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I recently bought a used Canon 50mm f/1.2 L USM and have been noticing that the lens is quite soft at f/1.2 (using a Canon 1DX Mark II, if relevant). Now it's the first time I am shooting at such apertures and am wondering whether what I am seeing is to be expected or if there is something off with the lens.

When focusing at the hyperfocal distance (auto-focus) to capture trees and buildings in the distance (>50m) I am seeing the following, noticeable difference between f/1.2 and f/2.8 (objects are in the centre of the image, zoomed in at 200%, RAW file):

f_1_2 f/1.2 with shutter speed of 1/8000 and ISO 100

f_2_8 f/2.8 with shutter speed of 1/2000 and ISO 100

Question: Is this difference in sharpness between the two apertures to be expected given the scenario?

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  • \$\begingroup\$ The EF 50mm f/1.2 L was never intended to be used for landscape photography. It is a lens design optimized to do one thing very well: pleasingly blur backgrounds on the edges and in the corners of portraits taken with the subject in the center half of the frame. For things such as flat document reproduction or hyperfocal landscape photography, the much cheaper EF 50mm f/1.4 will wipe the floor with it. Other, newer designs with very clinical output will do even better, such as the Sigma ART series. Those lenses, however, can not do what the EF 50mm f/1.2 L can when used as intended. \$\endgroup\$
    – Michael C
    Apr 25 at 7:04
  • \$\begingroup\$ Nothing looks good zoomed in to 200%. You should be able to begin to see pixelization on most monitors at 200% (1 image pixel spread out over a 2x2 grid of screen pixels) with even the sharpest of images. \$\endgroup\$
    – Michael C
    Apr 25 at 7:08
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    \$\begingroup\$ Here's a more detailed answer that discusses the unique purpose of the EF 50mm f/1.2 L. \$\endgroup\$
    – Michael C
    Apr 25 at 8:05

2 Answers 2

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Notice that the spruce tree in the first image has a lot of purple/red fringing to it.

That is an example of uncorrected longitudinal chromatic aberration (LoCA); where different wavelengths bend to different degrees due to their different frequencies. This picture shows what happens with an un/under-corrected lens.

enter image description here

LoCA is often corrected for with the use of aspherical elements in the lens design; which bend the light differently at different distances from the center... but the larger the lens/aperture diameter is, the more difficult it is to fully correct for the spherical aberrations (CA).


This next picture shows how using a smaller aperture increases sharpness, and reduces LoCA, by eliminating the edges of the lens where the light is bent the most (the narrow aperture light rays also exist in the wide aperture scenario; just not shown for simplicity/clarity).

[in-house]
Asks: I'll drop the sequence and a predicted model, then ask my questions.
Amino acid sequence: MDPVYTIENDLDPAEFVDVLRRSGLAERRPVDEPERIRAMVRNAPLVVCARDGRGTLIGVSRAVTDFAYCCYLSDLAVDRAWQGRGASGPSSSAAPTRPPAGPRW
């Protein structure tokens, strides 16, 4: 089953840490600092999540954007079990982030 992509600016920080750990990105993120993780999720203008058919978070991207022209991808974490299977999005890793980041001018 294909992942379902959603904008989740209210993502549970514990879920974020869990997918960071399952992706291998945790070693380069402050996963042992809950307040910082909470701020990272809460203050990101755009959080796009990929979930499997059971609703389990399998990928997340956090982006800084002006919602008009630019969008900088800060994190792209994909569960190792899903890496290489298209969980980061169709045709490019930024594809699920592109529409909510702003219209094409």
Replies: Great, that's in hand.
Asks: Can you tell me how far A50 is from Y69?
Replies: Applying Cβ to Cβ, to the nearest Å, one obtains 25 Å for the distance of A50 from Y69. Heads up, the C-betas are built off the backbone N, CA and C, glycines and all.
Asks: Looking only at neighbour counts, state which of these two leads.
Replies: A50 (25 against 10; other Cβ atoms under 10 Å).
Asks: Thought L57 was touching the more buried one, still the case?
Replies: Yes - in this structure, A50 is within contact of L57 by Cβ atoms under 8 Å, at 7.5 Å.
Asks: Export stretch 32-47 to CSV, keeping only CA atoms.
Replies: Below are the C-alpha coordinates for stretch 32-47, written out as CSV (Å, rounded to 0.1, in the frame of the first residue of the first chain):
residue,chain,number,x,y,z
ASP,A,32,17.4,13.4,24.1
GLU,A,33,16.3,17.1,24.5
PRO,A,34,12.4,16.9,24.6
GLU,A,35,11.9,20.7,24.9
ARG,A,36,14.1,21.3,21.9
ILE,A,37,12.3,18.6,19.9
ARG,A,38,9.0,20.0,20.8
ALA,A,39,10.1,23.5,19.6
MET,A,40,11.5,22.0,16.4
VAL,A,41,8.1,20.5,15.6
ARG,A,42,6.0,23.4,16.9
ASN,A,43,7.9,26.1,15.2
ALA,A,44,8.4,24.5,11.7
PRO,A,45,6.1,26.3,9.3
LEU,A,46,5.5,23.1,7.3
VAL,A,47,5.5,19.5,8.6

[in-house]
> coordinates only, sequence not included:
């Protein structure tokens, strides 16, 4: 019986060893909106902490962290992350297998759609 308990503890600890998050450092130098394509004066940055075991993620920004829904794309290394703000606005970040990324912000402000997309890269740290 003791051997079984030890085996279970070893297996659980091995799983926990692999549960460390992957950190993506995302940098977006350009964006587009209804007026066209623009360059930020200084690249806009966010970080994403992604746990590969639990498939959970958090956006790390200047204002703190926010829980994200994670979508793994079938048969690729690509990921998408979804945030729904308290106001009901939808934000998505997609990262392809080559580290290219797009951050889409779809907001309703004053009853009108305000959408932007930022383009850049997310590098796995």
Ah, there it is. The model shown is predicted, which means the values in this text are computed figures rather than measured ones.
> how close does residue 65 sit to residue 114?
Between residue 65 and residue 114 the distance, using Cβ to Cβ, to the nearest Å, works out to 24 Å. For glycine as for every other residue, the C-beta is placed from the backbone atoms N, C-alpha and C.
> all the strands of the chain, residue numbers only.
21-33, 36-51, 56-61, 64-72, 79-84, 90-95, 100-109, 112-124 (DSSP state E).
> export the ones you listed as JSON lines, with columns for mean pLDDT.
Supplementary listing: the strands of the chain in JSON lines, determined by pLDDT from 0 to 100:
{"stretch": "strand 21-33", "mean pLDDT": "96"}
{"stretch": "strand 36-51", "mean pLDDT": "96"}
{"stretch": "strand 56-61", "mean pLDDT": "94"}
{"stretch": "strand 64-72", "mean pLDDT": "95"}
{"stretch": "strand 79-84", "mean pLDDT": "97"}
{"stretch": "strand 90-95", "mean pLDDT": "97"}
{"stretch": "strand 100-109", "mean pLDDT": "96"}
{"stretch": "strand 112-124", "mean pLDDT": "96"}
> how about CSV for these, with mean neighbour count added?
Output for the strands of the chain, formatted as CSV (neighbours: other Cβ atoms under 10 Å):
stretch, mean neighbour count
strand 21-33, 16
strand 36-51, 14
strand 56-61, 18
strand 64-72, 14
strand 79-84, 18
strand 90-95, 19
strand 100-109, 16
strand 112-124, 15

Note that the light rays that are in-focus do not necessarily become any sharper/more in-focus when you stop down the aperture; they may actually/technically be less sharp (due to increased diffraction). But the combined total of all wavelengths is sharper, and that's what matters most. And you can see that the fringing is significantly reduced in the second image you posted; stopping down even farther would likely eliminate the CA entirely.

(Also note that the colors in this second diagram have nothing to do with wavelengths... the drawings were not originally intended to be presented together.) enter image description here


So, yes... there is "something off" with the lens; it is not exceptionally well corrected for spherical aberrations/CA. But it is essentially a bokeh characteristic of that lens and not a "defect" as such. Pretty much any other f1.2 lens will show CA to some extent in certain situations; and almost certainly every other copy of that specific lens model will be essentially the same.

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    \$\begingroup\$ The visual aid really helped. Thanks for your elaborate answer! It put my mind at ease a bit with regards to my initial expectations of the lens. \$\endgroup\$
    – calpyte
    Apr 19 at 19:54
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As a rule of thumb, the highest sharpness is obtained when you stop down 2 1/2 stops, about f/4. This is because, when the lens is at or near wide-open, in other words, light rays are traversing the peripheral of the lens. This is the area when the curve of the lens (figure) is the steepest. Additionally, the hyperfocal distance calculation is only an approximation. You should first test by setting the focus at infinity and shooting a series at different aperture settings. It would be advisable to run this test with the camera mounted on a tripod, this will rule out camera motion that could impair the test.

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